71 of 72 people found the following review helpful
5.0 out of 5 stars Classic Sewell
As much as many people find Brian Sewell to be insufferably pompous, he comes into his own when the subject matter fires his imagination, and for all Italophiles this should be on their Christmas list. Brian takes the viewer on a splendid tour of the peninsula aboard his left-hand-drive Mercedes, stopping to ruminate on the worthy artistic, cultural and architectural...
Published on 17 Nov 2006 by N. Clarke
0 of 2 people found the following review helpful
1.0 out of 5 stars Disappointed in the extreme............
This is the first time I have ever written a negative review but I have to say that I have got the impression that If you don't agree with
Brian Sewell, you'll be heading for Purgatory until you agree with him (perhaps I should refer to Mr. Sewell as 'Him' and not 'him'.
If you don't agree that TV producers are intrusive and manipulative on behalf of the...
Published 1 month ago by alanscape
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71 of 72 people found the following review helpful
5.0 out of 5 stars Classic Sewell,
This review is from: Brian Sewell's Grand Tour [DVD] (DVD)As much as many people find Brian Sewell to be insufferably pompous, he comes into his own when the subject matter fires his imagination, and for all Italophiles this should be on their Christmas list. Brian takes the viewer on a splendid tour of the peninsula aboard his left-hand-drive Mercedes, stopping to ruminate on the worthy artistic, cultural and architectural aspects of the country, while frequently underlining the more base motives of 18th-century Grand Tourists - sex, drink, and gambling.
Added to the marvellous recollections, interpreted with impish vigour by Brian, are his own observations on the body beautiful, and how Italian art's seemingly pious veneer conceals a perennial obsession with the flesh. Italian history has never seemed such fun.
79 of 81 people found the following review helpful
5.0 out of 5 stars Entertaining and Educational,
This review is from: Brian Sewell's Grand Tour [DVD] (DVD)Hot on the heels of his nude rush into the Spanish sea at the end of The Naked Pilgrim and unashamedly elitist as ever, here is Brian Sewell's second televison series.
He, in the last programme of his Grand Tour, refuses to participate in the frivolities of a recreated 'masked ball'. This is no aristocratic romp but a party open to the masses, the only requirement needed to go through the doors being the right number of Euros. He longs for the real thing - he imagines aristocrats flirting, perhaps guffaws of drunken laughter, the fondling of breasts, the rubbing of knees under the table. But none of this is to be found - just fakes, people dressing up in costumes and not knowing how to behave.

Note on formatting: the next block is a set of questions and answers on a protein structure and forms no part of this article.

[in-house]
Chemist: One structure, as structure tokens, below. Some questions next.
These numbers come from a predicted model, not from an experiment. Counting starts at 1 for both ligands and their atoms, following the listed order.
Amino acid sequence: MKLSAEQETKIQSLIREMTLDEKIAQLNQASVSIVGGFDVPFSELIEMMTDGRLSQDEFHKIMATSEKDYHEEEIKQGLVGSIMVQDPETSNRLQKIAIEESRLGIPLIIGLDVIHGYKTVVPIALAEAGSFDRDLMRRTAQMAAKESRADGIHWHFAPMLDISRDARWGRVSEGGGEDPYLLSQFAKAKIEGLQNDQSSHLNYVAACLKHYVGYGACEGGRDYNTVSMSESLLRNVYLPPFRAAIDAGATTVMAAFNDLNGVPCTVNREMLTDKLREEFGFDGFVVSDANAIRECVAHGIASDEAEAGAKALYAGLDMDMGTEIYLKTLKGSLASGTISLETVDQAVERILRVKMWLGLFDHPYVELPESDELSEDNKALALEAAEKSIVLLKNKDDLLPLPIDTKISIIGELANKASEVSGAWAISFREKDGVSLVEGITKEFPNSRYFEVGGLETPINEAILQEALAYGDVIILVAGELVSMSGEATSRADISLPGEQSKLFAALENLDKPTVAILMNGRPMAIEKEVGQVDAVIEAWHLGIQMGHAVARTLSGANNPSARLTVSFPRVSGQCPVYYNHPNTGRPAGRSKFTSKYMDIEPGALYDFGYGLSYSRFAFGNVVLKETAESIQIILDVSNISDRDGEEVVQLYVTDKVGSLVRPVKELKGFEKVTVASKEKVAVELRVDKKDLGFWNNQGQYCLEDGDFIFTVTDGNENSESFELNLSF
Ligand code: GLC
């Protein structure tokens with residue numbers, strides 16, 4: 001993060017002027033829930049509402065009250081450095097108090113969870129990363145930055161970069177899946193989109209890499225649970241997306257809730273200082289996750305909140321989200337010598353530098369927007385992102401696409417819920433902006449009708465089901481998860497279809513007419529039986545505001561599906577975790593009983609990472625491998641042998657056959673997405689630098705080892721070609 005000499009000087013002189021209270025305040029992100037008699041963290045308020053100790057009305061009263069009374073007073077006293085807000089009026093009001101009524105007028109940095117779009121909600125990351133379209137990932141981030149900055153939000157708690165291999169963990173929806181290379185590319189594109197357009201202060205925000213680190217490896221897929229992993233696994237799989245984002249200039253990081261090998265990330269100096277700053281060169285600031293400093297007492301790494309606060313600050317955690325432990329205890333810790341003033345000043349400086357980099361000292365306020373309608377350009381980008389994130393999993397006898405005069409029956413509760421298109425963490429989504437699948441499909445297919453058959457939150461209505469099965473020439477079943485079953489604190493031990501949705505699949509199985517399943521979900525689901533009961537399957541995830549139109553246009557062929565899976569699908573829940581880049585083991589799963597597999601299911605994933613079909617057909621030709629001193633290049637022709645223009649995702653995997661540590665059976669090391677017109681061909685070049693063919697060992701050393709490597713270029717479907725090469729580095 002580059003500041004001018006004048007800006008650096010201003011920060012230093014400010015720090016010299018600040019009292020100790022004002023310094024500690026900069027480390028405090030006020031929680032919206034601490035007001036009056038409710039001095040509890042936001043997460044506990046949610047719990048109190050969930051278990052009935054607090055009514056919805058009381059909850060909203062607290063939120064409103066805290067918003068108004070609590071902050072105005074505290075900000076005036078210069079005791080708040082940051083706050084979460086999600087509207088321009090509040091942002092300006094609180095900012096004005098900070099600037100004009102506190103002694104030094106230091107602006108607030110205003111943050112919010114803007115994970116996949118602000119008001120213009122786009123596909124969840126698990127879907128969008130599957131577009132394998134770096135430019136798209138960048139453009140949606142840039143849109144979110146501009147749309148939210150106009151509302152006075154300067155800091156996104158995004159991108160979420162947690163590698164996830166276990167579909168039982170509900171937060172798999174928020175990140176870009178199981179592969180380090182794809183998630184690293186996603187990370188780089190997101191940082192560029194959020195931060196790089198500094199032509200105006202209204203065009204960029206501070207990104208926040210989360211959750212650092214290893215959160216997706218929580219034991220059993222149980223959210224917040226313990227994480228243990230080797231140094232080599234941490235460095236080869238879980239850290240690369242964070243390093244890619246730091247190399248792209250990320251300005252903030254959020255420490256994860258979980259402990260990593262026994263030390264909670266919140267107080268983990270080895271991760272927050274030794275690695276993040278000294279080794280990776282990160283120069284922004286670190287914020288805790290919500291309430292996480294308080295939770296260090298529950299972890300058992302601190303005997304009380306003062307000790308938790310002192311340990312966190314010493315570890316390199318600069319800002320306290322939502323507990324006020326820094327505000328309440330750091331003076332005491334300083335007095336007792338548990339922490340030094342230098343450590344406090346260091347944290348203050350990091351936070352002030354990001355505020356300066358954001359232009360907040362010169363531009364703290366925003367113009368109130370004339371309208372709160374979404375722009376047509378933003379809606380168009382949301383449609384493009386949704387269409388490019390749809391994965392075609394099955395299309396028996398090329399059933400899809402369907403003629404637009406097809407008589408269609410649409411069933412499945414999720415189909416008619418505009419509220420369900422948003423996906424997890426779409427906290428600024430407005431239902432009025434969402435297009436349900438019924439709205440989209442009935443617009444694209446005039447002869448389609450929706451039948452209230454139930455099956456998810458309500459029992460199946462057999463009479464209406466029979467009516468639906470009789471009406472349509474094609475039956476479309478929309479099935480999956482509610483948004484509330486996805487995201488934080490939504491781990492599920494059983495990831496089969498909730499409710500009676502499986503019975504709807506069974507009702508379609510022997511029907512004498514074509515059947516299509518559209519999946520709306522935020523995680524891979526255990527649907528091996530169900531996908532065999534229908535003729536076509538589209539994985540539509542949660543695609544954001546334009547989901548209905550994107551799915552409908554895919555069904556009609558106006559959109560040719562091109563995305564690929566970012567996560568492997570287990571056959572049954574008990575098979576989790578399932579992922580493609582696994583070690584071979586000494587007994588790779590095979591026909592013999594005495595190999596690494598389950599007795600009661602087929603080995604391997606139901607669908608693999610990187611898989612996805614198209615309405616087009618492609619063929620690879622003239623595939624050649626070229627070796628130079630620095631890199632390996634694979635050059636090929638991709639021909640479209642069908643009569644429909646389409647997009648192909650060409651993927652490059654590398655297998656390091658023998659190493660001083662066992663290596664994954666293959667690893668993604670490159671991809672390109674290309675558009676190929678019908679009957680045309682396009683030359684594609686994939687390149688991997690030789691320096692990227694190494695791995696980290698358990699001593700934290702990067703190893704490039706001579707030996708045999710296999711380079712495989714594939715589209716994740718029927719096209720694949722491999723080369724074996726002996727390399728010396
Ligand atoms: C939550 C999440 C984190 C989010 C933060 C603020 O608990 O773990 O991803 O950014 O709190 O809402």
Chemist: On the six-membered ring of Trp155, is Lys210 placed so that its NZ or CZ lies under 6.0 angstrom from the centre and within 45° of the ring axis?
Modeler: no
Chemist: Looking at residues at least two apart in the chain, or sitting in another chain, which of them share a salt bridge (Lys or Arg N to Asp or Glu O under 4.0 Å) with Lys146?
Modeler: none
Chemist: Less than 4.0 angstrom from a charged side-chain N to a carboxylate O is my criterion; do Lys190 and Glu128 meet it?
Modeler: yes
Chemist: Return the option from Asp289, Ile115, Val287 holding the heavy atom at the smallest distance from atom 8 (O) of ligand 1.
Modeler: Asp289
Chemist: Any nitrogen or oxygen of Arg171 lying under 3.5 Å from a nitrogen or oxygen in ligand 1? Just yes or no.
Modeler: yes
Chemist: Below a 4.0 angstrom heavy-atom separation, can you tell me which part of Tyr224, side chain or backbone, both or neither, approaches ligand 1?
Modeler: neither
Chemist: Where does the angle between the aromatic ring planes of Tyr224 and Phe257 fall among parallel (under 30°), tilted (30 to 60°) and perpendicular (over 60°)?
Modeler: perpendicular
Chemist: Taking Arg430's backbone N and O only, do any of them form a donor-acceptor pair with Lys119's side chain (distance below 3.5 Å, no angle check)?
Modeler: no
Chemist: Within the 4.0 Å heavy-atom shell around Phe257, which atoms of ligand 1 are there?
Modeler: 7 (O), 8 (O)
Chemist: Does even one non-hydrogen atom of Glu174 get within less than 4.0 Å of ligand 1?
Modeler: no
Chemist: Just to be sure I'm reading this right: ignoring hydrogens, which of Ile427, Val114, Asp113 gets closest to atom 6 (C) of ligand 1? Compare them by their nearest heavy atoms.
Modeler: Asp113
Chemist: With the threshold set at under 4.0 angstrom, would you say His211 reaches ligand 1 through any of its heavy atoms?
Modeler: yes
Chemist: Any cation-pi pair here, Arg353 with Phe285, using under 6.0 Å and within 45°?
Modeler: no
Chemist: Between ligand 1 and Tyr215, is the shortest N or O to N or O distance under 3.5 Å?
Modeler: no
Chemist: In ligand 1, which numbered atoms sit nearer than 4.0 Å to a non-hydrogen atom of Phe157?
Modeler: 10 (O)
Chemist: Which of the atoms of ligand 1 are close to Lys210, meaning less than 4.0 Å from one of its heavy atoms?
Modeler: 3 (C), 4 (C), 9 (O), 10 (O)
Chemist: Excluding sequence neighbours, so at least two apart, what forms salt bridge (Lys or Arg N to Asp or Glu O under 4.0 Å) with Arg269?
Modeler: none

Then we find him in a Venetian cafe, tearfully recounting his thoughts about the present, his past and their past, as he elegantly sips on his 'Italian style' hot chocolate. In another scene he is at the dinner table in a restaurant, so bored with Italian food that he finds it hard to find something on the menu that he fanices, that isn't 'that round thing' (pizza). He orders the salad of pork fat, and expresses concerns about what it might do to his already strained arteries. He sips the red wine and then pulls a funny face of vague disgust. He is indeed an interesting character, and is of course, in Italy, right on his home turf. A lifetime spent studying the great Italian Masters lends a very considerable intellectual weight to the series. He describes things calmly and with great expertise - Correggio (unjustly neglected today), Michelangelo, Raphael and the rest of the gang. Sewell is someone we don't find on television 'anymore' - he is both too intellectual, too stuck-up and yet too lubricious, too much fun for our safe, santitized modern world. And yet, here he is.
61 of 63 people found the following review helpful
5.0 out of 5 stars A tour de force from the grand Brian Sewell!,
This review is from: Brian Sewell's Grand Tour [DVD] (DVD)If only more people were like Brian Sewell then the world would be a finer place. This DVD, the follow-up to his erudite 'Naked Pigrim', shows Brian doing what he does best. Passionate and damning about his subjects combined with a lusty appreciation of the sexual appetites and mores of the eighteenth century Grand Tourists, Brian fires up the Mercedes one more time for a trip around Italy once seen as a huge museum of Western Culture.
This is a 2 CD set, much longer than The Naked Pilgrim which means more classic Sewell rumination and even more shots of his wonderful white umbrella.
Go on, treat yourself!
16 of 17 people found the following review helpful
5.0 out of 5 stars Late wedding-cake, or early water-closet?,